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butteville-church-1200wLight traffic greeted us as we headed north on Interstate 5 out of  Salem, Oregon. On this chilly Sunday morning in January, our destination was Butteville Community Church. Nestled between the Willamette River and the fertile farmlands south of Portland, in the 1840s Butteville was one of the first  settlements in the Oregon Territory. We were scheduled to talk about our mission trip to Mongolia during the adult Sunday School hour and then share about our ministry in Japan during the morning message.

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Departing Chinggis City, Mongolia

We were especially excited to talk about Mongolia—Pastor Ken had mentioned that a Mongolian woman had become a Christian and been baptized in the church in recent years. She and her American husband had moved to a ranch in Arizona, but the congregation still had fond memories of their time with them.

When we arrived at the church, Pastor Ken came up and said “Guess what! Tseggy (not her real name) is back for a visit—with her children and her parents from Mongolia. They’re coming to the morning service!”

We shared with an unusually knowledgeable Sunday School class, and not long after we had finished, in walked Tseggy with her non-English-speaking parents. Pastor Ken had already told us Tseggy’s father was “a tough nut to crack,” but when Gary greeted him with a friendly “Sain bain uu!” (Mongolian for “Hello!”) his eyes lit up.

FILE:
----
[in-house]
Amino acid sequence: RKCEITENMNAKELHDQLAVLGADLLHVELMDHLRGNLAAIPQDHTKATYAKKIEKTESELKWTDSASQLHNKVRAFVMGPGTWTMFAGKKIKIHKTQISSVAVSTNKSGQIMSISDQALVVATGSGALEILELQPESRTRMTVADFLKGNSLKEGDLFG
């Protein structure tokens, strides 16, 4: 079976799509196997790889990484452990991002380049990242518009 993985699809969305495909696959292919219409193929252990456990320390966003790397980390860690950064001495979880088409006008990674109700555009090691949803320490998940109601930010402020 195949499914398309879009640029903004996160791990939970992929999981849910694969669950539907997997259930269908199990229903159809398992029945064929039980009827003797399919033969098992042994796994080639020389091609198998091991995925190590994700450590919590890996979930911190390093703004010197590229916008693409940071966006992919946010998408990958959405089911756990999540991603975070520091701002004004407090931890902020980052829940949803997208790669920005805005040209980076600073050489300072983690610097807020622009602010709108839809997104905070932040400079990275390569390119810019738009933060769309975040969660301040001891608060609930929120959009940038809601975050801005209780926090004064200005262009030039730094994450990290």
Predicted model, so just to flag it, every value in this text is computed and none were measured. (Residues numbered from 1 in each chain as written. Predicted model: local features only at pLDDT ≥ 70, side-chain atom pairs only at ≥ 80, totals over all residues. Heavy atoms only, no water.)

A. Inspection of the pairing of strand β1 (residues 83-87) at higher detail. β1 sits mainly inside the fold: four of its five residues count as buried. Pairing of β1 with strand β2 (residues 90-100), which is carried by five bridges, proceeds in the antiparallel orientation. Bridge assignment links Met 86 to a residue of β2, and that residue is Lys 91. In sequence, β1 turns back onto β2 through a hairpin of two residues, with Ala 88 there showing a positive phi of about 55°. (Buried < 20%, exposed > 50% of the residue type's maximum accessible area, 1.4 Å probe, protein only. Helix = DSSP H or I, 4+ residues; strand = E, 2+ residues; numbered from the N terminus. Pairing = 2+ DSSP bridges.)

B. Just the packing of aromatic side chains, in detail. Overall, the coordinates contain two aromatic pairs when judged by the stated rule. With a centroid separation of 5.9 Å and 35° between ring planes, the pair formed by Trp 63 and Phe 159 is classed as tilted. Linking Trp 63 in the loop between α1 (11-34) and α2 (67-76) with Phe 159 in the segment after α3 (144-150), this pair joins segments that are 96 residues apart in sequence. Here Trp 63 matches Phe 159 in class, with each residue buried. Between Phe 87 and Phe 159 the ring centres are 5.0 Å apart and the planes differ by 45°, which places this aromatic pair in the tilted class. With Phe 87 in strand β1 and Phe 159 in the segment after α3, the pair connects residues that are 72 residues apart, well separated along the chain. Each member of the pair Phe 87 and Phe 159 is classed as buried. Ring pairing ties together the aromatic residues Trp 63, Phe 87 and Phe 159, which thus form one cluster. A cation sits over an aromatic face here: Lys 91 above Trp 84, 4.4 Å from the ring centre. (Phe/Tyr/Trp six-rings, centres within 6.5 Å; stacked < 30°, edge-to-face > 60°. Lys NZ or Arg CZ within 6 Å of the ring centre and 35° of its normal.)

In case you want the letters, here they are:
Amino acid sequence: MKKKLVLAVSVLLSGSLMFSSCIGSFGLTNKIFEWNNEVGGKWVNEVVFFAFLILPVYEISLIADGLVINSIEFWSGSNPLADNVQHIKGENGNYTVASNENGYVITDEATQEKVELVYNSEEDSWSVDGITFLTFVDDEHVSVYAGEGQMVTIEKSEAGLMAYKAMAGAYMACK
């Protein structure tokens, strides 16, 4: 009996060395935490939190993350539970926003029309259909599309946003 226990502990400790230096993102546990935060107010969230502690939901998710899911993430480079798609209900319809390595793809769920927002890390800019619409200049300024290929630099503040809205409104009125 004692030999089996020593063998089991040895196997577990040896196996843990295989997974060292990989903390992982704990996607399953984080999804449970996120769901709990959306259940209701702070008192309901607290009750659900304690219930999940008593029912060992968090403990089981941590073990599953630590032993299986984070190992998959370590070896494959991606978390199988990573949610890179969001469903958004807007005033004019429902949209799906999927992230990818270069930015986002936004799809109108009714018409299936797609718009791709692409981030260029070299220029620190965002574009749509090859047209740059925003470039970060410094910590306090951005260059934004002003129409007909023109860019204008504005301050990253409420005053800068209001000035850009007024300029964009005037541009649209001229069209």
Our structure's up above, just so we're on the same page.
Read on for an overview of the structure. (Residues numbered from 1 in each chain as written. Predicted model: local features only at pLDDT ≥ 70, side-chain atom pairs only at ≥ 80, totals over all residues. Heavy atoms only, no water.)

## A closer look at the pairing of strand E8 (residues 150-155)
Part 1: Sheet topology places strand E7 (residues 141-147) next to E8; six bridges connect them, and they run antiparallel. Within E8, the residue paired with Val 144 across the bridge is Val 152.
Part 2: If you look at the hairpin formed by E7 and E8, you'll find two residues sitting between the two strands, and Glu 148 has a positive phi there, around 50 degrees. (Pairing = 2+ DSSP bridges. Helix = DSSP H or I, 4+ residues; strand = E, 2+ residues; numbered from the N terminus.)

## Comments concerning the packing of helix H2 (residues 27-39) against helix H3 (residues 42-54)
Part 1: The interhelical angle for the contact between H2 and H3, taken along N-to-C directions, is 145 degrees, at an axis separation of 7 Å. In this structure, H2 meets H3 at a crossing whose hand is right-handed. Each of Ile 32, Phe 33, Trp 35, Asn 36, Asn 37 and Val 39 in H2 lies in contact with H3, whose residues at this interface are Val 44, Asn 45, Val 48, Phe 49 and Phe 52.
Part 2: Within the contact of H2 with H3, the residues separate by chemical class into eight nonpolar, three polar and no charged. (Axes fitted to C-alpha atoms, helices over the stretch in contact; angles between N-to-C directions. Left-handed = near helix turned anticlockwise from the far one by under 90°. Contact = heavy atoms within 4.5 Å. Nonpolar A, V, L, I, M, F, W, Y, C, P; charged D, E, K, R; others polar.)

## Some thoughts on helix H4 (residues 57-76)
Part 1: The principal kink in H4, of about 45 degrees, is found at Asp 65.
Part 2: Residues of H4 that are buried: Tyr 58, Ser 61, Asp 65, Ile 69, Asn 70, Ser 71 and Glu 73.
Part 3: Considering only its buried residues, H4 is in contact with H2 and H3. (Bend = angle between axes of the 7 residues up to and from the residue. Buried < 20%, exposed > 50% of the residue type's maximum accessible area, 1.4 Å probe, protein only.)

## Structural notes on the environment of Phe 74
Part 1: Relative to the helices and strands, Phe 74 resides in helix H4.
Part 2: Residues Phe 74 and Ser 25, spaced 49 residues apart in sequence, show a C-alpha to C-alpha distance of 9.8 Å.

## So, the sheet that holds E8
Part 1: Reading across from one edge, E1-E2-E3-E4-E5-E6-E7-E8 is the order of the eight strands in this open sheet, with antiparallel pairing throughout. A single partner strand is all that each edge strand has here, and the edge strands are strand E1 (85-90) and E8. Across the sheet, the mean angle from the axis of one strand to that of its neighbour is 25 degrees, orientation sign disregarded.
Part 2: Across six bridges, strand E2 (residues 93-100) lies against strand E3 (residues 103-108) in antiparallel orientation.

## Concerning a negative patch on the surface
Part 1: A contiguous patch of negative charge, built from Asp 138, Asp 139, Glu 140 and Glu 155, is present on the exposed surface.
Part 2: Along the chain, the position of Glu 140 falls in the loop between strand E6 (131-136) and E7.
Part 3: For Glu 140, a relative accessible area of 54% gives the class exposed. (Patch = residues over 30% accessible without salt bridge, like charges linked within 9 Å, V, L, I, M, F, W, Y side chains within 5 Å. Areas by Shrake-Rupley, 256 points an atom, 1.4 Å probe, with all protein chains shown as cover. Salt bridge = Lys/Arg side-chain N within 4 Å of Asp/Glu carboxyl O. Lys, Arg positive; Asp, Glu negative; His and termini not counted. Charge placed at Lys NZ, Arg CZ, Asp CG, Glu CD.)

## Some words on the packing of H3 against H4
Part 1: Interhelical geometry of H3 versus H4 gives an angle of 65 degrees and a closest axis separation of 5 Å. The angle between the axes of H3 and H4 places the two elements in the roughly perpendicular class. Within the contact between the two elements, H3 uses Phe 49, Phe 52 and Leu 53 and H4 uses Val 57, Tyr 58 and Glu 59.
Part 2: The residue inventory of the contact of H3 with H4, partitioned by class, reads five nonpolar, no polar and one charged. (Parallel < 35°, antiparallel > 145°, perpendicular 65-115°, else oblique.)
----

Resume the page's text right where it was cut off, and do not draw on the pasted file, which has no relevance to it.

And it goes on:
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Mongolian teen praying for his country at a national youth conference

Meanwhile, my greatest joy was talking with Tseggy about Mongolia. She wanted to know how receptive the Mongolian people were to receiving the gospel of Jesus. When she left Mongolia more than 14 years before, she was not a believer and knew little or nothing about Christianity. When I shared about our experiences with the Mongolian church, her eyes glistened as she asked, “Are there really Christians in Mongolia?” She and her husband had sold their ranch recently, and were planning to move to Mongolia later this year. She asked me (a missionary from Japan!) to connect her to a church in Ulaanbaatar where they can fellowship when they get there.

What are the chances? To meet a Mongolian Christian at a church in the historic, but sparsely populated Oregon countryside, and then being able to help her find a church in her home country! It was as if God was again reconfirming the value of our ministry trip there last August. Oh … and another astounding “coincidence.” In addition to English, Tseggy is fluent in Japanese: She studied for a Master’s degree in Japan! What an amazing God we serve!